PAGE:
# Why do trigonometric functions have reciprocals?

• Jan 16th 2011, 04:20 PM
Slappydappy
Why do trigonometric functions have reciprocals?
I've gotten to the point in my trigonometry studies where I am looking at Cosecant and Sine, and I see that Cosecant and Sine are reciprocals of each other. Now this means that multiplied together produce 1 (on the Unit Circle) and I'm assuming everywhere else.

Now why is their relationship a reciprocal one? I see as Sine gets smaller, Cosecant (and Cotangent) get larger. Is there a website that specifically describes why the changing of one causes a change in the other one (outside of the obvious). I drew pictures of them, so I can visually see the change, but I don't understand why the numbers change the way they do.

Does that make sense?
• Jan 16th 2011, 04:30 PM
dwsmith
$\displaystyle\sin{x}=\frac{y}{r} \ \ \ \csc{x}=\frac{1}{\sin{x}}=\frac{1}{\frac{y}{r}}=\f rac{r}{y}$

$\displaystyle\frac{y}{r}\cdot\frac{r}{y}=\frac{yr} {yr}=1$
• Jan 16th 2011, 05:16 PM
DrSteve
Just to express in words what dwsmith is saying: $\csc x$ is usually defined to be the reciprocal of $\sin x$. All of the properties of $\csc x$ follow from this definition.
• Jan 16th 2011, 10:36 PM
Slappydappy
Is there a proof of it somewhere? Like a geometric proof that shows it? I have this image I have been looking at:

http://schools-wikipedia.org/images/226/22690.png

Or am I ahead of myself?
• Jan 17th 2011, 06:44 PM
dwsmith
Quote:

Originally Posted by Slappydappy
Is there a proof of it somewhere? Like a geometric proof that shows it? I have this image I have been looking at:

http://schools-wikipedia.org/images/226/22690.png

Or am I ahead of myself?

What do you want to prove?
• Jan 18th 2011, 05:15 AM
CaptainBlack
Quote:

Originally Posted by Slappydappy
I've gotten to the point in my trigonometry studies where I am looking at Cosecant and Sine, and I see that Cosecant and Sine are reciprocals of each other. Now this means that multiplied together produce 1 (on the Unit Circle) and I'm assuming everywhere else.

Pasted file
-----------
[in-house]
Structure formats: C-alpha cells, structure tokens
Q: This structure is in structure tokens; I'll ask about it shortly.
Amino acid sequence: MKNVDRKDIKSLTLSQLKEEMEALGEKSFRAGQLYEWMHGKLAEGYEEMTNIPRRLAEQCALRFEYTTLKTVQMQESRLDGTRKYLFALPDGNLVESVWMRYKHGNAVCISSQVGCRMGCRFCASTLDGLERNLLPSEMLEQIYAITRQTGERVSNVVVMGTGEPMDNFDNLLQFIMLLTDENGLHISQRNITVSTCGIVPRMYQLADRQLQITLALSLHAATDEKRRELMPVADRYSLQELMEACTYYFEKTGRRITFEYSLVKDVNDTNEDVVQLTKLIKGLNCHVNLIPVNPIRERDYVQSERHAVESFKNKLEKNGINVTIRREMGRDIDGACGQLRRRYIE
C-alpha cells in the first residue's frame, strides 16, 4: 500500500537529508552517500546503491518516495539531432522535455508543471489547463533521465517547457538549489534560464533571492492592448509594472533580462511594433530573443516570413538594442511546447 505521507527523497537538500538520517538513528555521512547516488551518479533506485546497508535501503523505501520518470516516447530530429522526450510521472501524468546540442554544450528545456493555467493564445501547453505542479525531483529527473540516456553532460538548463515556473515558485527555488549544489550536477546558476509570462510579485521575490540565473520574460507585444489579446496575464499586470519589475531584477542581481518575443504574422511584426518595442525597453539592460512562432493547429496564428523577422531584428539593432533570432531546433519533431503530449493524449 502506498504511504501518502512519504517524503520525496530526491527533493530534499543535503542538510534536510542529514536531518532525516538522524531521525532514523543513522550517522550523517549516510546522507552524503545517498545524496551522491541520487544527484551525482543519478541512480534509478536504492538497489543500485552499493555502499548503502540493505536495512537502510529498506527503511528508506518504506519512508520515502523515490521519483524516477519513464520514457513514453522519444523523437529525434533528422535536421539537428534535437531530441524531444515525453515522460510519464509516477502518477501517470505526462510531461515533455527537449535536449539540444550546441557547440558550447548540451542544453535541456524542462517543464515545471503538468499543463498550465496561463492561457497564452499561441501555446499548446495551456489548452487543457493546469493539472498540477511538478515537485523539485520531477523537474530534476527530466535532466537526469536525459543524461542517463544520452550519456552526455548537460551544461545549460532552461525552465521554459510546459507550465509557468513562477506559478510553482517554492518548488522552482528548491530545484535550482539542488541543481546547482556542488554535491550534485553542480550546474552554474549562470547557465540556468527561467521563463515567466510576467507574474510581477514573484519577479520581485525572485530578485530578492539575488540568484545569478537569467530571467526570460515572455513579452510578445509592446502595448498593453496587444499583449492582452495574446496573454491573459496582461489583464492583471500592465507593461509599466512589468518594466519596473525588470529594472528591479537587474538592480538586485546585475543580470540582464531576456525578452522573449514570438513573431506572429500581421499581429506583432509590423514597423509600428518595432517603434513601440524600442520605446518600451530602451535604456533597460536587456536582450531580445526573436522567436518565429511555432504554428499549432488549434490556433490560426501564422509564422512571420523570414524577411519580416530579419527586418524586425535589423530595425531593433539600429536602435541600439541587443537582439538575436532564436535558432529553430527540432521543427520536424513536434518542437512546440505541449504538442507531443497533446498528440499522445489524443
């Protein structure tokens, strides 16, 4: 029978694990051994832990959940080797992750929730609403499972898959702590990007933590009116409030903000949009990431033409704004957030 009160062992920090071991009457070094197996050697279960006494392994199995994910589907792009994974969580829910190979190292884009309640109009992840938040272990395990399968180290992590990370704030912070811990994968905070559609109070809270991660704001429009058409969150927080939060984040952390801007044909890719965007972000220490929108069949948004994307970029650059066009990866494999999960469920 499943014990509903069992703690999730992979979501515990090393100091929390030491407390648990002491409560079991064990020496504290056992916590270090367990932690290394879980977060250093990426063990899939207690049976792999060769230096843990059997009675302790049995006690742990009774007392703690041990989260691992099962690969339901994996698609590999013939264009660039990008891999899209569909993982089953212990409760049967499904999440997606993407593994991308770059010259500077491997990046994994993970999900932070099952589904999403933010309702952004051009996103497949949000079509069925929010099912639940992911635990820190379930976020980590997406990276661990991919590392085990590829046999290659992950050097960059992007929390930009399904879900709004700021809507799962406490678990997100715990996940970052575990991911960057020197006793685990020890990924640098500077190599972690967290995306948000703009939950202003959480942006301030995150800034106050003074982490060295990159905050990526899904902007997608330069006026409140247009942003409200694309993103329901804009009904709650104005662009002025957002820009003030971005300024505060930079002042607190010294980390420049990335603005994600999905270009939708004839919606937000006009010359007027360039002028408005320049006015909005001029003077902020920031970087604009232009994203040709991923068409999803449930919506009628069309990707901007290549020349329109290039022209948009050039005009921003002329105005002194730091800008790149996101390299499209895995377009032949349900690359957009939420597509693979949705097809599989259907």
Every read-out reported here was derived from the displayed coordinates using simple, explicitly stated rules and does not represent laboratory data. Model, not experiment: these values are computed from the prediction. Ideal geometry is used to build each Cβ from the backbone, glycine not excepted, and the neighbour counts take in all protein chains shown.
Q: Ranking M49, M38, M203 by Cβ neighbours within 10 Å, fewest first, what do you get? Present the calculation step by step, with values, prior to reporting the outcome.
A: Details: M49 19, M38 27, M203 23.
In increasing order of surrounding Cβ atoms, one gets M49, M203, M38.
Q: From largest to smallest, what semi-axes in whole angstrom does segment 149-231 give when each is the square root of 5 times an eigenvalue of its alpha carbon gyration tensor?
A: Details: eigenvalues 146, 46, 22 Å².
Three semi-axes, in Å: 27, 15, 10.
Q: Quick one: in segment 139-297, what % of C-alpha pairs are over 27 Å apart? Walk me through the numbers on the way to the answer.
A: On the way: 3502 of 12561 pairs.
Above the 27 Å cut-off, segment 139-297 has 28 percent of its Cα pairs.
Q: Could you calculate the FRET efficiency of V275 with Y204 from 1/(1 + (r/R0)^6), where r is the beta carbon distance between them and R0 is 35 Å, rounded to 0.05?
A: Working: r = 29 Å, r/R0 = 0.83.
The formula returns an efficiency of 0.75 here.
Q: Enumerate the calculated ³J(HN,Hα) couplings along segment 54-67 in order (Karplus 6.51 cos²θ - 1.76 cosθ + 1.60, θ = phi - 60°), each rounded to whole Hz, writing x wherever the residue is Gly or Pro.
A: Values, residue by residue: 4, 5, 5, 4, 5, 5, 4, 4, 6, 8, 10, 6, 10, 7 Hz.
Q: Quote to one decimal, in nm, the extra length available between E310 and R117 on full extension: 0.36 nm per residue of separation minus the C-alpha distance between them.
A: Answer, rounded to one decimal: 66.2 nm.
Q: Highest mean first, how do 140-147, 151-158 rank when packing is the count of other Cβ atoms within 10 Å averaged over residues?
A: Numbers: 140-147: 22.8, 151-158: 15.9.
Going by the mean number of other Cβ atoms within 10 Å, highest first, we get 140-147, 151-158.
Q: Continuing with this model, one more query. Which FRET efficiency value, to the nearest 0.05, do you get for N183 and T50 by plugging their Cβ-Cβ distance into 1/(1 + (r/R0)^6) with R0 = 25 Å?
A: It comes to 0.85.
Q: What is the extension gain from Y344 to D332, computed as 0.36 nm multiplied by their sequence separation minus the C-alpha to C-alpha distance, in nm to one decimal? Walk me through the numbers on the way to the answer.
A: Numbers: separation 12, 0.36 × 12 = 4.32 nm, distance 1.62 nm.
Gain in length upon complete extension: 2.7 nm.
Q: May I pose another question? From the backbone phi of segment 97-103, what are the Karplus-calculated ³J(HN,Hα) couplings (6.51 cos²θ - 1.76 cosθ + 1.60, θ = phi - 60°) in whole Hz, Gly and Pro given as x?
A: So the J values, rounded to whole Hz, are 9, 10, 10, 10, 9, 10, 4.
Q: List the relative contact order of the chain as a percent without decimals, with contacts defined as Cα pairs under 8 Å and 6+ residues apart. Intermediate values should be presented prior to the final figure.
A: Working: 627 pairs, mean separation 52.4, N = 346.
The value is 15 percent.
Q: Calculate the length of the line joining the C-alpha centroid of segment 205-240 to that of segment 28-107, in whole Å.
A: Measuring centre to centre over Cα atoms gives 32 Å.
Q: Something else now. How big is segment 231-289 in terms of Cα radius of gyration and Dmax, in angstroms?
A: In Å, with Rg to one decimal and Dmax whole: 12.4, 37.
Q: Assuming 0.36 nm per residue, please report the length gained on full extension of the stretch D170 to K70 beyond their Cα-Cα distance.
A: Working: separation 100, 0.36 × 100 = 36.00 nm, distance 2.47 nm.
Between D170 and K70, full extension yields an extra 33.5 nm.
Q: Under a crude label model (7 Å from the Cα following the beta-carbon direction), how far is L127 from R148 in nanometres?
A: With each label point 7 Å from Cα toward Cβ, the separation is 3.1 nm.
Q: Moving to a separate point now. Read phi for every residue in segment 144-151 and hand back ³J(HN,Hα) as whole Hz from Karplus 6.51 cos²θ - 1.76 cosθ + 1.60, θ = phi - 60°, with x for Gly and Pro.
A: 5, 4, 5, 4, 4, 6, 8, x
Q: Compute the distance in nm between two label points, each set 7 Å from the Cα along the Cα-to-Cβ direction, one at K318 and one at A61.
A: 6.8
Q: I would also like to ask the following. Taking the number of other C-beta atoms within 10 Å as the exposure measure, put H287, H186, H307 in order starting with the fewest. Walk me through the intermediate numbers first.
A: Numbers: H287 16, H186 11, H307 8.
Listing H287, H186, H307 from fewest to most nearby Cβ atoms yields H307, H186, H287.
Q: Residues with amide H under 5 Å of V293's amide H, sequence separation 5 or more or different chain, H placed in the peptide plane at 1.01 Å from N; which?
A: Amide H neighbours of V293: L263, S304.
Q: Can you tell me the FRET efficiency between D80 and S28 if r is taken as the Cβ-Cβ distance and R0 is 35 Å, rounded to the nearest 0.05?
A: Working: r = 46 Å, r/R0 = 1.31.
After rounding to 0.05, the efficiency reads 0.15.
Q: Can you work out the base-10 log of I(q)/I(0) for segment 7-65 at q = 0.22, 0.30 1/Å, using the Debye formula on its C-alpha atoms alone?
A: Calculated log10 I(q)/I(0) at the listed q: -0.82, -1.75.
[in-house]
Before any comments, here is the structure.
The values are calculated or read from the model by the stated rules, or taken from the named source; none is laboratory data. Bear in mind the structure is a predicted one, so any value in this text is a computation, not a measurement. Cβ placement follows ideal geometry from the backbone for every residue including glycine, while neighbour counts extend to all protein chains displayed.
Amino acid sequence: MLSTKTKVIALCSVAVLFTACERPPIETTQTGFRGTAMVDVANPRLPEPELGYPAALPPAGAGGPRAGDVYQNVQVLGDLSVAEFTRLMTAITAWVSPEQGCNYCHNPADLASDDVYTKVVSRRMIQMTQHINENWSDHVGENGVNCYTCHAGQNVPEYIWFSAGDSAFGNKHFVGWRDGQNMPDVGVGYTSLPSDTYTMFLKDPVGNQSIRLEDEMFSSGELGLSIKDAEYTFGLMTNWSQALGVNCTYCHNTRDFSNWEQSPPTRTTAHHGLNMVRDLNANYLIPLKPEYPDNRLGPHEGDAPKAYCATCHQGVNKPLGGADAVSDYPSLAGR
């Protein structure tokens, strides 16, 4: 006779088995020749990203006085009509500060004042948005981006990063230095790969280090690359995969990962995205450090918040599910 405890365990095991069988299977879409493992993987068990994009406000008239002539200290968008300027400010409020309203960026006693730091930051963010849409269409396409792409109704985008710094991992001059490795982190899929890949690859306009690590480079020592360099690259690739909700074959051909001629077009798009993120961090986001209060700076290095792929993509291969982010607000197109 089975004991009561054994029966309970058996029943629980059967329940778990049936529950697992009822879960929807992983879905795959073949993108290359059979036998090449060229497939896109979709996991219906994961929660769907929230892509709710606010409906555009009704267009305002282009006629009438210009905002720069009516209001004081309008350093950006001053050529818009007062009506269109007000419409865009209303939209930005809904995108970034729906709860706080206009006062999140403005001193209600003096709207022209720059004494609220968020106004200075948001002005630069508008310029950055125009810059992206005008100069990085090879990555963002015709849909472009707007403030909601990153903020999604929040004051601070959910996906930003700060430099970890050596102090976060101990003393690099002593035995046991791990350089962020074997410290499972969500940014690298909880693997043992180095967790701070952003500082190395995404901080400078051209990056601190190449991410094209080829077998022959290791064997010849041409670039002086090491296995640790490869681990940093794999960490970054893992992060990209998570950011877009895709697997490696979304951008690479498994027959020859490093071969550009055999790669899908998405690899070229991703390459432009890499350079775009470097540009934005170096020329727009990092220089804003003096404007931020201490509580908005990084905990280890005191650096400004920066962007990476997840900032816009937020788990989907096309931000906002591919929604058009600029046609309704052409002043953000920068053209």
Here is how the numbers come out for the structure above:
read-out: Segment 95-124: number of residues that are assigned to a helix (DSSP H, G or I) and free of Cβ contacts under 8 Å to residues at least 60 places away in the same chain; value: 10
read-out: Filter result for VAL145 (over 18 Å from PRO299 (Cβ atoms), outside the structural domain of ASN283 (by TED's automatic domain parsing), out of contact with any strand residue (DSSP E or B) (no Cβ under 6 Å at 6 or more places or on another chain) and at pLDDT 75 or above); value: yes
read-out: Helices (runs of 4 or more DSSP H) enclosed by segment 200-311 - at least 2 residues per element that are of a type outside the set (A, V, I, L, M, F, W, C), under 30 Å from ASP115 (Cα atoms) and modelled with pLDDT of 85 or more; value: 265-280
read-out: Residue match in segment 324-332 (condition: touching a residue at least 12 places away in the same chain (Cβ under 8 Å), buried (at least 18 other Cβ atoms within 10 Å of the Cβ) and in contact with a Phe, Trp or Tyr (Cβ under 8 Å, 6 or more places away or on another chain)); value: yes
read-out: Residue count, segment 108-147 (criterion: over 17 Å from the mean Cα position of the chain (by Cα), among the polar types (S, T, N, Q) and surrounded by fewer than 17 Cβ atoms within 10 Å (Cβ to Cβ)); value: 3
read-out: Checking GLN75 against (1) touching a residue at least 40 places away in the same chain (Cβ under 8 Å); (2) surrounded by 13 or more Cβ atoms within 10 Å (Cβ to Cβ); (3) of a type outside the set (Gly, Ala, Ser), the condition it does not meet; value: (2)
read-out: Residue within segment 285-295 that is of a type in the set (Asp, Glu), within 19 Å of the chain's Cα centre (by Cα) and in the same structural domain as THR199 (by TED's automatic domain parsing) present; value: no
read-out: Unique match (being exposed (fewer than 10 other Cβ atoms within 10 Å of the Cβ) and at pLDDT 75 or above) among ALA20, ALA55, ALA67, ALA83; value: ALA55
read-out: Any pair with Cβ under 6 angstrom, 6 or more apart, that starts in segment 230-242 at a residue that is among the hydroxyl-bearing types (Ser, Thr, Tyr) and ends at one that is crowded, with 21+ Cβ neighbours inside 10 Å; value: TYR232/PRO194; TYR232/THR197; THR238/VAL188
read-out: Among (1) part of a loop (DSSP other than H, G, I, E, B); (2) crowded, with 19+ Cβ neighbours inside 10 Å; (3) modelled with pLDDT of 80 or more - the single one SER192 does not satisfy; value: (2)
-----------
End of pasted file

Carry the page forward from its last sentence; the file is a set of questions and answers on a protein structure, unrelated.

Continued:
Now why is their relationship a reciprocal one? I see as Sine gets smaller, Cosecant (and Cotangent) get larger. Is there a website that specifically describes why the changing of one causes a change in the other one (outside of the obvious). I drew pictures of them, so I can visually see the change, but I don't understand why the numbers change the way they do.

Does that make sense?

The cosec, sec and cot are introduced just to make life more complicated for trig students, they are completely unnecessary

CB
• Jan 18th 2011, 06:11 AM
HallsofIvy
First, there are 3 sides to a right triangle and so 3(2)= 6 ways of "ordering" any two of them: of "abc" the 6 orders of two at at time are "ab", "ac", "ba", "bc", "ca", and "cb". Once you start making fractions of those three sides, since there are two parts (numerator and denominator) there are 6 possible fractions. Calling the "near leg" to an angle $\theta$, "a", the "far leg", b, and the hypotenuse, "c", three of those fractions, $\frac{a}{c}= cos(\theta)$, $\frac{b}{c}= sin(\theta)$ and $\frac{a}{b}= tan(\theta)$, are commonly used.

The other three, $\frac{c}{a}= sec(\theta)$, $\frac{c}{b}= csc(\theta)$, and $\frac{b}{a}= cot(\theta)$ are defined pretty much just to be complete. Although, as much as I like Captain Black's response, there are times when you need to divide by "sine", "cosine", or "cotangent" and then "sec", "csc", or "cot" can be convenient, though they are never necessary.